Reserve Bank keeps interest rates steady at 6.75%, but confidence remains subdued
Rising international oil prices, together with increased costs for water and electricity, remain a risk to the inflation outlook
The Reserve Bank’s monetary policy committee (MPC) kept the interest rates unchanged, as expected, on Thursday.
The repo rate therefore remains at 6.75%. All 18 economists polled by Bloomberg expected the decision.
“Since November 2018, international developments have been the major contributor to an improved inflation outlook. Significant declines in international oil prices and a less depreciated exchange rate have been key drivers of the improved outlook,” Reserve Bank governor Lesetja Kganyago said.
Inflation is expected to moderate this year but the Bank has made it clear it would prefer inflation anchored at the midpoint of the 3% to 6% target range. Inflation is expected to average 4.8% in 2019.
The Bank forecast the the following path for inflation:
• 2018: 4.6%, from 4.7% at the November meeting
• 2019: 4.8, from 5.5% in November
• 2020: 5.3%, from 5.4% in November
• 2021: 4.8%
Inflation is now expected to peak at 5.6% in the third quarter of 2018.
GDP growth is expected to be 0.7% in 2018, higher than the 0.6% forecast in November. For 2019, the forecast has been revised down from 1.9% to 1.7%.
The Bank’s outlook for GDP growth now looks like this:
• 2019: 1.7%, from 1.9% in November
• 2020: 2%, from 2% in November
• 2021: 2.2%
“The economy’s recovery from the technical recession in the first half of 2018 is welcomed, but it remains modest, with growth constrained by subdued demand as a result of weaker levels of consumer and business confidence,” Kganyago said.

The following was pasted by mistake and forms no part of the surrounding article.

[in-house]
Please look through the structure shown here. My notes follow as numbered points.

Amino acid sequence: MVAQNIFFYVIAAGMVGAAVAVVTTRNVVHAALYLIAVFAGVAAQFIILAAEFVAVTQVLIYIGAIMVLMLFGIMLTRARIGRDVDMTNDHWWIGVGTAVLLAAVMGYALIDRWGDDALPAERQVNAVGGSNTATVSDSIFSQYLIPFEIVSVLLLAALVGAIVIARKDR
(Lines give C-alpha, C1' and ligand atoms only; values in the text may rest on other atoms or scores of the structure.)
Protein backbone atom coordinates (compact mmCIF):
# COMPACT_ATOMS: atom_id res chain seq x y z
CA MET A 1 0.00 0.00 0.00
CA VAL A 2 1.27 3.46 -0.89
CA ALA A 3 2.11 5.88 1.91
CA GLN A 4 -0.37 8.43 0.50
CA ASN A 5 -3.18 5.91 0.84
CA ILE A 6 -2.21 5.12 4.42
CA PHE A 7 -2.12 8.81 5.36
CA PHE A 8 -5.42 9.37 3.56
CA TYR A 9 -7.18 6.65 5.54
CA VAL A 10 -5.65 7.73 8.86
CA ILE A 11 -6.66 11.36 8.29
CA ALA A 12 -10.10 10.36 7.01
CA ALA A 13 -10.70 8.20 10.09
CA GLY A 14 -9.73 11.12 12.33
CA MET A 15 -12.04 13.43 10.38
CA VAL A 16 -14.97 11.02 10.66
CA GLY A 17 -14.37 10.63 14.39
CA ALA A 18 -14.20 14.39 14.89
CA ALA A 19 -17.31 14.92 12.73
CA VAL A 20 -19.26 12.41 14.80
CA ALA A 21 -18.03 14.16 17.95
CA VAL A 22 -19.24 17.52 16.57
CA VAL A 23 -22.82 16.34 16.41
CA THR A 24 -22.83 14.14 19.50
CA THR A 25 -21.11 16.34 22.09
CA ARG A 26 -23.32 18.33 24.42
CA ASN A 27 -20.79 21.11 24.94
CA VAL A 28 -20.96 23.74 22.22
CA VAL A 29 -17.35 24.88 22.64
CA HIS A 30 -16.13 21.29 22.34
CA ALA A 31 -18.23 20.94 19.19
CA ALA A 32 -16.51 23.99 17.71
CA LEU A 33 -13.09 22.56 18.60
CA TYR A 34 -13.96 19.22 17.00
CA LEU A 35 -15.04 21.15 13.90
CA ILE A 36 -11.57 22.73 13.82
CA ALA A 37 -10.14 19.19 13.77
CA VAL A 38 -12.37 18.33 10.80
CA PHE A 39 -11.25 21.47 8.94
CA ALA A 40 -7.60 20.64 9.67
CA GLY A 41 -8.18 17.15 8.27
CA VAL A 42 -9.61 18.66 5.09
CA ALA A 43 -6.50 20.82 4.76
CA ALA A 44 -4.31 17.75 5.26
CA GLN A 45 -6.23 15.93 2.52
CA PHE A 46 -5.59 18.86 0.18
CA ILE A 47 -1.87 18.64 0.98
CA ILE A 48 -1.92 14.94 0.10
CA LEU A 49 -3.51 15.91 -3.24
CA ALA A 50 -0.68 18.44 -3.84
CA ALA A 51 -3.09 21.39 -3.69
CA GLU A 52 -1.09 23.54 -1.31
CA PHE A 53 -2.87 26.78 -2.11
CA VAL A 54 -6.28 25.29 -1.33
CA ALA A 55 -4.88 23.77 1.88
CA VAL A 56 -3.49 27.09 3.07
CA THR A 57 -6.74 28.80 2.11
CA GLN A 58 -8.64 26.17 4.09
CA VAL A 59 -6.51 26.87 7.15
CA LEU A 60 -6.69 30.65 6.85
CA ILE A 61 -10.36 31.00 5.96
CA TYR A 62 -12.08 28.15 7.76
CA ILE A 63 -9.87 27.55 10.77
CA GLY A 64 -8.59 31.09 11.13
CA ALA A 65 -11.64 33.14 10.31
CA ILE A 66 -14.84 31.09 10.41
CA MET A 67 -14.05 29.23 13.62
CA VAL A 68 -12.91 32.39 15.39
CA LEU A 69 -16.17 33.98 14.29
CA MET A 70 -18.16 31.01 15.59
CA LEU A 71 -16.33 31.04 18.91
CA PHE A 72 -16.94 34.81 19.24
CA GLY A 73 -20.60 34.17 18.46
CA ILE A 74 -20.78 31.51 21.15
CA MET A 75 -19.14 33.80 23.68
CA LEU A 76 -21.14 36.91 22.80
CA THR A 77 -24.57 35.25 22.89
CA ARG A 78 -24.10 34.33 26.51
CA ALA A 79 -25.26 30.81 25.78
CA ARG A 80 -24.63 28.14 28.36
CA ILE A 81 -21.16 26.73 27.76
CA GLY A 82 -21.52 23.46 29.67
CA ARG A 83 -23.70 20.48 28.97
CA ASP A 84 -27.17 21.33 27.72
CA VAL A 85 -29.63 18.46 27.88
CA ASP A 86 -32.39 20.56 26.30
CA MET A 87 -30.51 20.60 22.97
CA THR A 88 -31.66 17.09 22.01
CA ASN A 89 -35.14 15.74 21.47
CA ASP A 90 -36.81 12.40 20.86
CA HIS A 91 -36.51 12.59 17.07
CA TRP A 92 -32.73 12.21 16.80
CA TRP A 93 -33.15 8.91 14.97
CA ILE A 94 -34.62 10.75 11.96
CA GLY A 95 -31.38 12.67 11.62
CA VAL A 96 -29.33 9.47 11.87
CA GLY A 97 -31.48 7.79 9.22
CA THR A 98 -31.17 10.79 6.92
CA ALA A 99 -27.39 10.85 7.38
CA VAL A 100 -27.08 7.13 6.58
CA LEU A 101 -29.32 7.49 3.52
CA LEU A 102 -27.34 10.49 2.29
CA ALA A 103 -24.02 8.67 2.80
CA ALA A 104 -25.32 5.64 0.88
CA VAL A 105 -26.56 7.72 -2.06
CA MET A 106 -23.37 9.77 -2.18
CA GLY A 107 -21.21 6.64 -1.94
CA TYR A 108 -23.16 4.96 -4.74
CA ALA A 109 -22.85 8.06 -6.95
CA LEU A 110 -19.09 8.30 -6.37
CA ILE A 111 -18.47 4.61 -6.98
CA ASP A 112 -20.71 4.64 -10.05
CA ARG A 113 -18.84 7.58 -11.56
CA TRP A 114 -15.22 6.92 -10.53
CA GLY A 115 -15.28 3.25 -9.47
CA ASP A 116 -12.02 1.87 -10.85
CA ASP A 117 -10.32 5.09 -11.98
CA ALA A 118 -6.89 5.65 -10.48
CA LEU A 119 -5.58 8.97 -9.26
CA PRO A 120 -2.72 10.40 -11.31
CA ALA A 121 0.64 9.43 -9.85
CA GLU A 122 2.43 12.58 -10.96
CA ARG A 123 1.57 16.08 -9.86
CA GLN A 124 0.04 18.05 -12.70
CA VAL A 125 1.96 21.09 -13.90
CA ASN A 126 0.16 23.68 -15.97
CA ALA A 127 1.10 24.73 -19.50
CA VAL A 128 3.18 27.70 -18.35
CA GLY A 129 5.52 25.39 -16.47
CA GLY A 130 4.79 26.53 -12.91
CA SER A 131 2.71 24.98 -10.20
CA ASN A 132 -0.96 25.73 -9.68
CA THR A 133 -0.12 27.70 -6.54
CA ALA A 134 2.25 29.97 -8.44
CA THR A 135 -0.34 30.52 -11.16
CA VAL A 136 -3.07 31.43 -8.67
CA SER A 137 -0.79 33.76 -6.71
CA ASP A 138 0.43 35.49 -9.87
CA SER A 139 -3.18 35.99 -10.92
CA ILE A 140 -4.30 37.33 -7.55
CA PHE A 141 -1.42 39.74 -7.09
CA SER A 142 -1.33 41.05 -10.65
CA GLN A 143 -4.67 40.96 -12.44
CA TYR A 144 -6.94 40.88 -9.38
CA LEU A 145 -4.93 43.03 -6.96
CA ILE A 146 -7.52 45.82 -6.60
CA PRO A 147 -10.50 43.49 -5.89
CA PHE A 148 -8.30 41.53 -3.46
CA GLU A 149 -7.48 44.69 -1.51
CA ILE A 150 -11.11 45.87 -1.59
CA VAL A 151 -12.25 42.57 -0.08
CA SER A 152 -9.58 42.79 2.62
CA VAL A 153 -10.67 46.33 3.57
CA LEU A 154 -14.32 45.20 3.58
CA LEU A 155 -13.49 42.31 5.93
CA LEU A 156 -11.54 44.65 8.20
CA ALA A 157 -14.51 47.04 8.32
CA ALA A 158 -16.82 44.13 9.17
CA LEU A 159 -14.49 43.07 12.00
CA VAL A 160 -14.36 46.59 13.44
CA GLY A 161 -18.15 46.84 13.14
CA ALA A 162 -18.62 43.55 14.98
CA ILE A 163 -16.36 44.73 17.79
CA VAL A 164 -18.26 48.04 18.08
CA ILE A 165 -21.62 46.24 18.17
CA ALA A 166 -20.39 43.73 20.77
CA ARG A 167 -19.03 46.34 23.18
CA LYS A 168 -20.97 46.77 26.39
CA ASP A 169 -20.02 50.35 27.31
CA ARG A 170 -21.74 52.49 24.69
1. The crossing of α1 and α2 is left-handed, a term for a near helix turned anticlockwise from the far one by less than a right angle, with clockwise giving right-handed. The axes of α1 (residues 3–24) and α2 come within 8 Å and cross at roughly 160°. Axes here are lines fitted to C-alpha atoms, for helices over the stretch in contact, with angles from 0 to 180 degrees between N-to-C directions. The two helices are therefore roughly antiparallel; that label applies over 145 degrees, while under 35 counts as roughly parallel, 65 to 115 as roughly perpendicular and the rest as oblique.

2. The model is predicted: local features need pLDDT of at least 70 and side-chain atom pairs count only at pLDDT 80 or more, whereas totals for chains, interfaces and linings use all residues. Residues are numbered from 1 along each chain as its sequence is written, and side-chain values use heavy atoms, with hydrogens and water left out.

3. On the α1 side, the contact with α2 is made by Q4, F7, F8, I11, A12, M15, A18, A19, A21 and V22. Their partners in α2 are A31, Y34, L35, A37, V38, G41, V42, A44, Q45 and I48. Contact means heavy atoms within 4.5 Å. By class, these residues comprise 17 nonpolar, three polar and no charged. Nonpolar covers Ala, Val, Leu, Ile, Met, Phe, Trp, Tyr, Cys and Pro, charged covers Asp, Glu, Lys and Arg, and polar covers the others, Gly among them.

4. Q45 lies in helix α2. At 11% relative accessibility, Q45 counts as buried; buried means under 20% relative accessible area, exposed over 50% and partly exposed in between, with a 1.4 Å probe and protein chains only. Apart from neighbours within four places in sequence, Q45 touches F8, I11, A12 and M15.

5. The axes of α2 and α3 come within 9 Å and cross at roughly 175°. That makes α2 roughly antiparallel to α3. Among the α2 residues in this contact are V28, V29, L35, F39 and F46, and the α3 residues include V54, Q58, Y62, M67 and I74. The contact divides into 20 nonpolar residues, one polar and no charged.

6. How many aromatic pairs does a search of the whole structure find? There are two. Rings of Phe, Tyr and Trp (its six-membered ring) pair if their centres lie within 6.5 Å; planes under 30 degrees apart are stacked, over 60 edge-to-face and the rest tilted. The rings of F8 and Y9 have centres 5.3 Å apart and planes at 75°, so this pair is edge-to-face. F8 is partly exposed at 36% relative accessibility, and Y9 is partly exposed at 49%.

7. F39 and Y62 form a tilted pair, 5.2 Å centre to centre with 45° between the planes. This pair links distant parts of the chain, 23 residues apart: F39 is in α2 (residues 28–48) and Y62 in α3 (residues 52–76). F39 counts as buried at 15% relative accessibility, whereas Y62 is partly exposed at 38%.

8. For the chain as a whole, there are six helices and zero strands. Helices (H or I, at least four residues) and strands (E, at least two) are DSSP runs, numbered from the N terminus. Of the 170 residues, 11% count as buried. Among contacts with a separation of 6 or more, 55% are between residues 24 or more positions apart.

The US Federal Reserve has adopted a more dovish stance, signaling a slower pace of rate hikes. It raised rates four times in 2018, by 25 basis points each time. It is now expected to hike rates only twice this year.
In November, the MPC hiked interest rates for the first time in two years by 25 basis points, in response to long-term risks to inflation, including tighter financial conditions such as interest-rate hikes in the US, a weaker exchange rate, a high wage rate, oil price, and rising electricity and water tariffs.
The rand extended its losses after Kganyago’s announcements, and was 1.15% lower at R17.8344/£, 0.89% lower at R15.7369/€, and R0.72% lower at R13.787/$. The rand's losses were largely in line with those of its emerging-market peers, with the Brazilian real under the most strain.
Analysts cited uncertainty over Brexit, as well as slowing global economic growth, as the primary factors causing the risk-off tone on global markets.